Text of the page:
Found throughout U.S.
What Do Earwigs Look Like?
Earwigs range in size from ¼-1 inch long. They have elongated, flattened bodies that vary in color from pale brown with dark markings to reddish brown to black. Earwigs have six legs and threadlike antenna that measures about half of their body length. Most notably, however, are the pincers that protrude from the back of their abdomen. Earwigs also have two pairs of wings, with their hind wings usually folding underneath their front wings. These body parts typically have a leathery appearance to them. Not all earwig species fly, and those that do only do so in short bursts.
Do Earwigs Really Go in Your Ear?
Contrary to European folklore, earwigs do not crawl into ears and eat peoples’ brains at night.
Photo of an earwig on a plastic bottle cap
Photo of an earwig on a soda can
Photo of an earwig on a spoon
In order to prevent any structural entry by earwigs, cracks and crevices should be well sealed with a silicone-based caulk, steel wool or a combination of both. This practice includes sealing doors and windows, as well as attic and foundation vents. Since earwigs prefer moist protected areas, they usually congregate in areas with high condensation such as unventilated basements. Earwigs are also attracted to dirt and leaves, so an unfinished basement floor is an ideal environment for these pests. Using a dehumidifier and cleaning up cement floors can help prevent earwigs from getting comfortable in a household.
If you suspect an earwig infestation in your home, contact a licensed pest control professional to conduct an inspection and work with you to develop an earwig control and treatment plan.
Do earwigs crawl into or go in your ears at night? Dr. Parada dispels the notion of earwigs actually entering one’s ear. Learn more about earwigs here.
Find a Pest Control Professional
How to Get Rid of Earwigs
In order to get rid of earwigs or prevent an infestation, homeowners should remove harborage sites such as leaf piles, mulch piles or other vegetation on their property. They should also consider moving objects such as firewood piles and logs away from the home, thereby creating a perimeter around the house that is free of organic material.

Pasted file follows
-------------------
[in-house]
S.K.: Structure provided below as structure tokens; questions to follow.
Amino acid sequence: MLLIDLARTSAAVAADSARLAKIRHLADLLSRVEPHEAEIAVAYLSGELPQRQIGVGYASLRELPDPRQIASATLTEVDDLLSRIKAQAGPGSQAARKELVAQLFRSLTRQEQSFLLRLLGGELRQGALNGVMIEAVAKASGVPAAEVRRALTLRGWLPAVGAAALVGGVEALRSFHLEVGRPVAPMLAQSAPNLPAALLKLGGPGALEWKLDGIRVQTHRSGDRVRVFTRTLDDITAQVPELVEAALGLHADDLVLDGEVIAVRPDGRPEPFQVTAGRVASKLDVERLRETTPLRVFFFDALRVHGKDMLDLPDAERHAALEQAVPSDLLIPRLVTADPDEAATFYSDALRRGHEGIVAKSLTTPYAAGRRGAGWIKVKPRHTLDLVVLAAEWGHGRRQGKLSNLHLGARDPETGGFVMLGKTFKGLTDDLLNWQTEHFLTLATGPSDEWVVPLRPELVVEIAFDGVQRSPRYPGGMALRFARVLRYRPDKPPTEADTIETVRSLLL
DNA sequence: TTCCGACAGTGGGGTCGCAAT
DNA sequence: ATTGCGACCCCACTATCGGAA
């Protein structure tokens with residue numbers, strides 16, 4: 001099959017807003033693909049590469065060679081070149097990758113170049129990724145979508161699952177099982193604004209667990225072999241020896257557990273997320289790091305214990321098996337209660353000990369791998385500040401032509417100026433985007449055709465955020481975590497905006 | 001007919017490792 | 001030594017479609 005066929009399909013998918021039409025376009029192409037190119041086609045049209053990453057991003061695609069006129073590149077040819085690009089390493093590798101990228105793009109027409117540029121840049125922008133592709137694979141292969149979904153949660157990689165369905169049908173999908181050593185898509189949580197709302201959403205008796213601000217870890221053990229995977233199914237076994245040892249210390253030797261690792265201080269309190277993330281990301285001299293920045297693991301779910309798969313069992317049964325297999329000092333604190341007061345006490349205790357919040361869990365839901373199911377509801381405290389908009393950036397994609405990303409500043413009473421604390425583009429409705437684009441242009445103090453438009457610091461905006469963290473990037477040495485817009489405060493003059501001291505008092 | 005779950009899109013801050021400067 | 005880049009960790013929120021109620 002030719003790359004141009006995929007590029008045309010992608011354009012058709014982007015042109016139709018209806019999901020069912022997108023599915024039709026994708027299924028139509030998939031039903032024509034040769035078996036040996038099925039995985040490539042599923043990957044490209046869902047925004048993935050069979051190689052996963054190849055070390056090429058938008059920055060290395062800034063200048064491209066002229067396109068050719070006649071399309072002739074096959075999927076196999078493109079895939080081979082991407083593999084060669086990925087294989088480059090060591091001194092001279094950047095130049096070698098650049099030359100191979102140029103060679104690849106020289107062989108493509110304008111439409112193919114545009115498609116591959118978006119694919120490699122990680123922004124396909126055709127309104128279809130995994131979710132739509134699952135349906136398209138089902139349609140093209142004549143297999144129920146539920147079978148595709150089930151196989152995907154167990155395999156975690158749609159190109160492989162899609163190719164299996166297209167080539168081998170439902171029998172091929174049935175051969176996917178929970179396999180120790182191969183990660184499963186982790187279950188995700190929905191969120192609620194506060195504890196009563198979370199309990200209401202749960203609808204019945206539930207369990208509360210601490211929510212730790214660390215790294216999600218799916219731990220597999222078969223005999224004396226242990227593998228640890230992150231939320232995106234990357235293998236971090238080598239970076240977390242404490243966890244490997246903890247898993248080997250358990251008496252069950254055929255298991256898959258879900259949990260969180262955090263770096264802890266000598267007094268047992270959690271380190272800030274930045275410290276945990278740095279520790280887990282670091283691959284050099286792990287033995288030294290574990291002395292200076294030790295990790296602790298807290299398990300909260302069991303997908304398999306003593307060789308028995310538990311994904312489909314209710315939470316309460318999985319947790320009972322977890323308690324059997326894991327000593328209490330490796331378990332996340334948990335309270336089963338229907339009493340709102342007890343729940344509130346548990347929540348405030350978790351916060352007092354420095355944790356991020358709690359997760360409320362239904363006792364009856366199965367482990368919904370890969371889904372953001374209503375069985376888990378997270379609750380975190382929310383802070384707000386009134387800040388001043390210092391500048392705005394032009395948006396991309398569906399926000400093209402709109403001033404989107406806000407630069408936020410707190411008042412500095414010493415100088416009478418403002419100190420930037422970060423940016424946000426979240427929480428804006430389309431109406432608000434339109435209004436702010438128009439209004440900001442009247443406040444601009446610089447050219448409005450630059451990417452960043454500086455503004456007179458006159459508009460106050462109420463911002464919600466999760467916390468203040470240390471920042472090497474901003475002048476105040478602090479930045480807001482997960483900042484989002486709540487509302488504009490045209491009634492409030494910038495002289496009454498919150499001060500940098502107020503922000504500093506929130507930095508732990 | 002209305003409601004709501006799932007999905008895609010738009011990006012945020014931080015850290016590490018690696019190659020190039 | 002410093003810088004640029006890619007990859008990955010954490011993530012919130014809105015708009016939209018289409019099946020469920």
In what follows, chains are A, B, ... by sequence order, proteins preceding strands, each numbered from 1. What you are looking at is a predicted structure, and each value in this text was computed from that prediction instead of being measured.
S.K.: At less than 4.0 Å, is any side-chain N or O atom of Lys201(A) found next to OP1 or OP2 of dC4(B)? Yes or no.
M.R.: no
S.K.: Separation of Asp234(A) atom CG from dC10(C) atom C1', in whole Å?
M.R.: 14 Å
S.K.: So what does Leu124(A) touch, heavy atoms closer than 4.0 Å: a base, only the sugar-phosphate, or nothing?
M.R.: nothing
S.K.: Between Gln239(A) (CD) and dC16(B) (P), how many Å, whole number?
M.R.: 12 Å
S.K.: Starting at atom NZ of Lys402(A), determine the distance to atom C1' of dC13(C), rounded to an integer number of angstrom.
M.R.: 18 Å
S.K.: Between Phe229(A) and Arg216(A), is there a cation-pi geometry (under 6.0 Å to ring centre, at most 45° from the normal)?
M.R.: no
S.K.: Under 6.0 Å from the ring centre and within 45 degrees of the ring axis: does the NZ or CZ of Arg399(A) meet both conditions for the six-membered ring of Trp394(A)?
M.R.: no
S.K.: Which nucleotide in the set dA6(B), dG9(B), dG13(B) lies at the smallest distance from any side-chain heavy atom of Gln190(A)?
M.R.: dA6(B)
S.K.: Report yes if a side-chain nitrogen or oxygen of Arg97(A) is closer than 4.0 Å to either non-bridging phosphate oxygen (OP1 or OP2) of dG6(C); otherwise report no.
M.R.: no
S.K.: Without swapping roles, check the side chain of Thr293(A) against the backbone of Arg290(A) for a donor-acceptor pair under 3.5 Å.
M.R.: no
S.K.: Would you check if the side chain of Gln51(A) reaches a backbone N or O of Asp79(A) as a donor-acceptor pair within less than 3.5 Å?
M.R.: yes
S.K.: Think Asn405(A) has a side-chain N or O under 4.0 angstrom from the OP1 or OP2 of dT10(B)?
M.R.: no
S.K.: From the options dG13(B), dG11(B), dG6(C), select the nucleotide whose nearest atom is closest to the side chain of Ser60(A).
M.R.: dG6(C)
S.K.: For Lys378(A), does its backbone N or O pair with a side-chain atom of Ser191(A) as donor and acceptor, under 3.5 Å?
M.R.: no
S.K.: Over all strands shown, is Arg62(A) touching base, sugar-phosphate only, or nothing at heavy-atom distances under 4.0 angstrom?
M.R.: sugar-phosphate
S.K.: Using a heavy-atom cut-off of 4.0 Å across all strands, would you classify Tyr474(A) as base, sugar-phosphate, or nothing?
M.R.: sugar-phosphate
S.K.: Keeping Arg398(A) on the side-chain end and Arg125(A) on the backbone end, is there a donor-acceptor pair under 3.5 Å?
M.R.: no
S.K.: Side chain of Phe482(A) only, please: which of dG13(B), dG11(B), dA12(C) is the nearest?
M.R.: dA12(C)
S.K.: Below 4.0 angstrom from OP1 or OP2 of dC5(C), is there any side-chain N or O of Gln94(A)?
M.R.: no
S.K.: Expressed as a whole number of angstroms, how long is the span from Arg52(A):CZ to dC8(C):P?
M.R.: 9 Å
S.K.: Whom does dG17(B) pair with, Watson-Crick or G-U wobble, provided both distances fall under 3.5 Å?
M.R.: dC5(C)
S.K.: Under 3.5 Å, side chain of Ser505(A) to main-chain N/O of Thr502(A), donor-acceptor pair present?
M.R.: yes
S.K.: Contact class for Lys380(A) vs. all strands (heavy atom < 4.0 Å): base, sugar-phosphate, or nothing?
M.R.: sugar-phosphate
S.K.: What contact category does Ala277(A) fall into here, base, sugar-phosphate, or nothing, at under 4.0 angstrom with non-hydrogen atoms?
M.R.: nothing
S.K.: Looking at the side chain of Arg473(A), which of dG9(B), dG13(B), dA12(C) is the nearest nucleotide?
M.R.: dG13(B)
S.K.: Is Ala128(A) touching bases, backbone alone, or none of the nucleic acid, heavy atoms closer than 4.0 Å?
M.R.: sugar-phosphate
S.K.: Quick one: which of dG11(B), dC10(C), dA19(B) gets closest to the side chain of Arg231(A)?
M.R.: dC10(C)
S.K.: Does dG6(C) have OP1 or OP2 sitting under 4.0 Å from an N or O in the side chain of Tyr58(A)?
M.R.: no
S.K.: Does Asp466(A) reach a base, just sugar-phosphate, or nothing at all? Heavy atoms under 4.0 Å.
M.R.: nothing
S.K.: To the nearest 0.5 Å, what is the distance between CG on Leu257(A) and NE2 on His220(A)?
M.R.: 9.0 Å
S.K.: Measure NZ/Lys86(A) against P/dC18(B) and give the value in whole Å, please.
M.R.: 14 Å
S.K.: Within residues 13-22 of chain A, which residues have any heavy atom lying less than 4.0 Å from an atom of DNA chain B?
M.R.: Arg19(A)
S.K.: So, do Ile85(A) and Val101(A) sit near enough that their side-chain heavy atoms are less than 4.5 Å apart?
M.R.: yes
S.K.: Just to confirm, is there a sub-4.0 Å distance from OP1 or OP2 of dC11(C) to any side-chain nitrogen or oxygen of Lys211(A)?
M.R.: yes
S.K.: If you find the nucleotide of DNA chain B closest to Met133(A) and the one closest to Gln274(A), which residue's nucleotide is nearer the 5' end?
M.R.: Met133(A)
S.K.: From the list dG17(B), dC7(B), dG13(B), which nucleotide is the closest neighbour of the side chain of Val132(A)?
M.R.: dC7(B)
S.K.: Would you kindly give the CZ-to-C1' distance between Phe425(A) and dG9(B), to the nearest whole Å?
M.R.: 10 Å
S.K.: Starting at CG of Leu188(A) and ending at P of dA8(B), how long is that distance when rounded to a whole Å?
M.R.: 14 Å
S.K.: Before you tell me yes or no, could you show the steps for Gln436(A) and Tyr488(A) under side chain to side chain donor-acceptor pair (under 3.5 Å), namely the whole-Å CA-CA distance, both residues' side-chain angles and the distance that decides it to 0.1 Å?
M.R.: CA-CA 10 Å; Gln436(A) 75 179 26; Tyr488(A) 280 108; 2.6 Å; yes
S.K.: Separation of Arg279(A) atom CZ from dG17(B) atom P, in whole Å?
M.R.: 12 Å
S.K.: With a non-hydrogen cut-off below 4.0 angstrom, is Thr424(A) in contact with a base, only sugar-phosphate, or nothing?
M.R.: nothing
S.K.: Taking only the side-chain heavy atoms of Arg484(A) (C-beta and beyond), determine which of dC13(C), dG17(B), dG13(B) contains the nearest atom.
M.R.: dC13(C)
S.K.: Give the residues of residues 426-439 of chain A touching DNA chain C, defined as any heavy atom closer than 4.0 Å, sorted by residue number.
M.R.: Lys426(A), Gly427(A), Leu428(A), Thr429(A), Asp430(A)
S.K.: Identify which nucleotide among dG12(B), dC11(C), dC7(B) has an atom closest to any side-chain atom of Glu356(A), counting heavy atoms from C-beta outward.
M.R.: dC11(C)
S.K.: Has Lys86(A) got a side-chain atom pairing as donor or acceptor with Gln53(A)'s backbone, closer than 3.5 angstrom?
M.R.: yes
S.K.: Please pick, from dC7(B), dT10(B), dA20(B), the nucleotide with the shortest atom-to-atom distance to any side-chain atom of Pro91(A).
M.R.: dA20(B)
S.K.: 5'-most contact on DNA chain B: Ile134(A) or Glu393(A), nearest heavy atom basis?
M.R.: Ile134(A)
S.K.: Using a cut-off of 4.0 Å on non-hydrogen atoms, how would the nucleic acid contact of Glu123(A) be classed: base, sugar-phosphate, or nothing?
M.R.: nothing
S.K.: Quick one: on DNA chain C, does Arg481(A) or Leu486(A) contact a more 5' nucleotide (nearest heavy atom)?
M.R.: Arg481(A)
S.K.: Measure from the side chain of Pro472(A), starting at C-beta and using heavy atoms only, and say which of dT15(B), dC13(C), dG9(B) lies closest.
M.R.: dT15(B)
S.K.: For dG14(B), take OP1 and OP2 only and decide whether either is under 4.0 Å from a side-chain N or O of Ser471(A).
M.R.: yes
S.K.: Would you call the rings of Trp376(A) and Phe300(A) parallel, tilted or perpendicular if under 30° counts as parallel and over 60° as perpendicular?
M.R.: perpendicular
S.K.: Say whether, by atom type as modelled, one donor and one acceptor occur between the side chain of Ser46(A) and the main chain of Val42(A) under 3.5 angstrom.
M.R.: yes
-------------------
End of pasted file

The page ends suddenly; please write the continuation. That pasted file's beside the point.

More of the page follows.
Furthermore, any trees or shrubs that cause damp, shady areas around the house should be trimmed. In order to ensure proper water drainage, check to make sure gutters and downspouts drain away from the home. This will help prevent any moisture build up that might attract earwigs.
These insects live together outdoors in large numbers. Earwigs can be found under piles of lawn debris, mulch or in tree holes. They gain entry to a structure through exterior cracks.
In addition to not crawling into peoples’ ears at night, earwigs also do not spread diseases. However, some species produce a foul-smelling liquid as a self-defense mechanism, and their menacing appearance can be alarming to homeowners. In any case, earwigs actually pose a greater threat to garden plants, rather than people.
Do Earwigs Bite?
While their pincers are used primarily to aid in reproduction, hunt prey and for defense, earwigs will pinch humans if they are picked up and agitated. While the pinch can sometimes be painful, no venom is transferred, and the pinch rarely breaks the skin. Additionally, earwig pincers do not spread disease.
Earwigs usually spend their days hiding while feeding on leaves, flowers, fruits, mold and insects at night. During the day, most earwig species tend to seek out cold, wet areas that are left undisturbed, such as small, moist crevices. When feeding at night, these insects prefer decaying vegetation and plant items found beneath mulch or wet leaves. Additionally, certain types of earwigs will target seedlings, potentially rendering crops and garden plants unproductive due to the damage caused by these insects. Some earwig species will also prey on smaller arthropods and insects.
When startled or uncovered, earwigs will quickly move and run away. They can be found living together outdoors in large numbers, usually congregating under piles of lawn debris, mulch or in tree holes. This is a habit that scientists believe is caused by a pheromone produced by these insects.
When provoked by a need for food or a change in weather, earwigs may infiltrate households by way of exterior cracks and openings. Once inside, they are found near water sources, such as bathrooms, laundry rooms and kitchens. Earwigs have also been known to make their way into other household areas such as family rooms and bedrooms. Furthermore, these insects are attracted to lights, causing them to become a nuisance on patios and porches during summer evenings.
After spending the winter in small burrows in the ground outdoors, female earwigs will lay eggs in these burrows come springtime. These relatively small eggs are round in shape and white to tan in color. Earwigs have been known to display maternal characteristics, tending to the eggs until they hatch and caring for the nymphs until they are able to find their own food.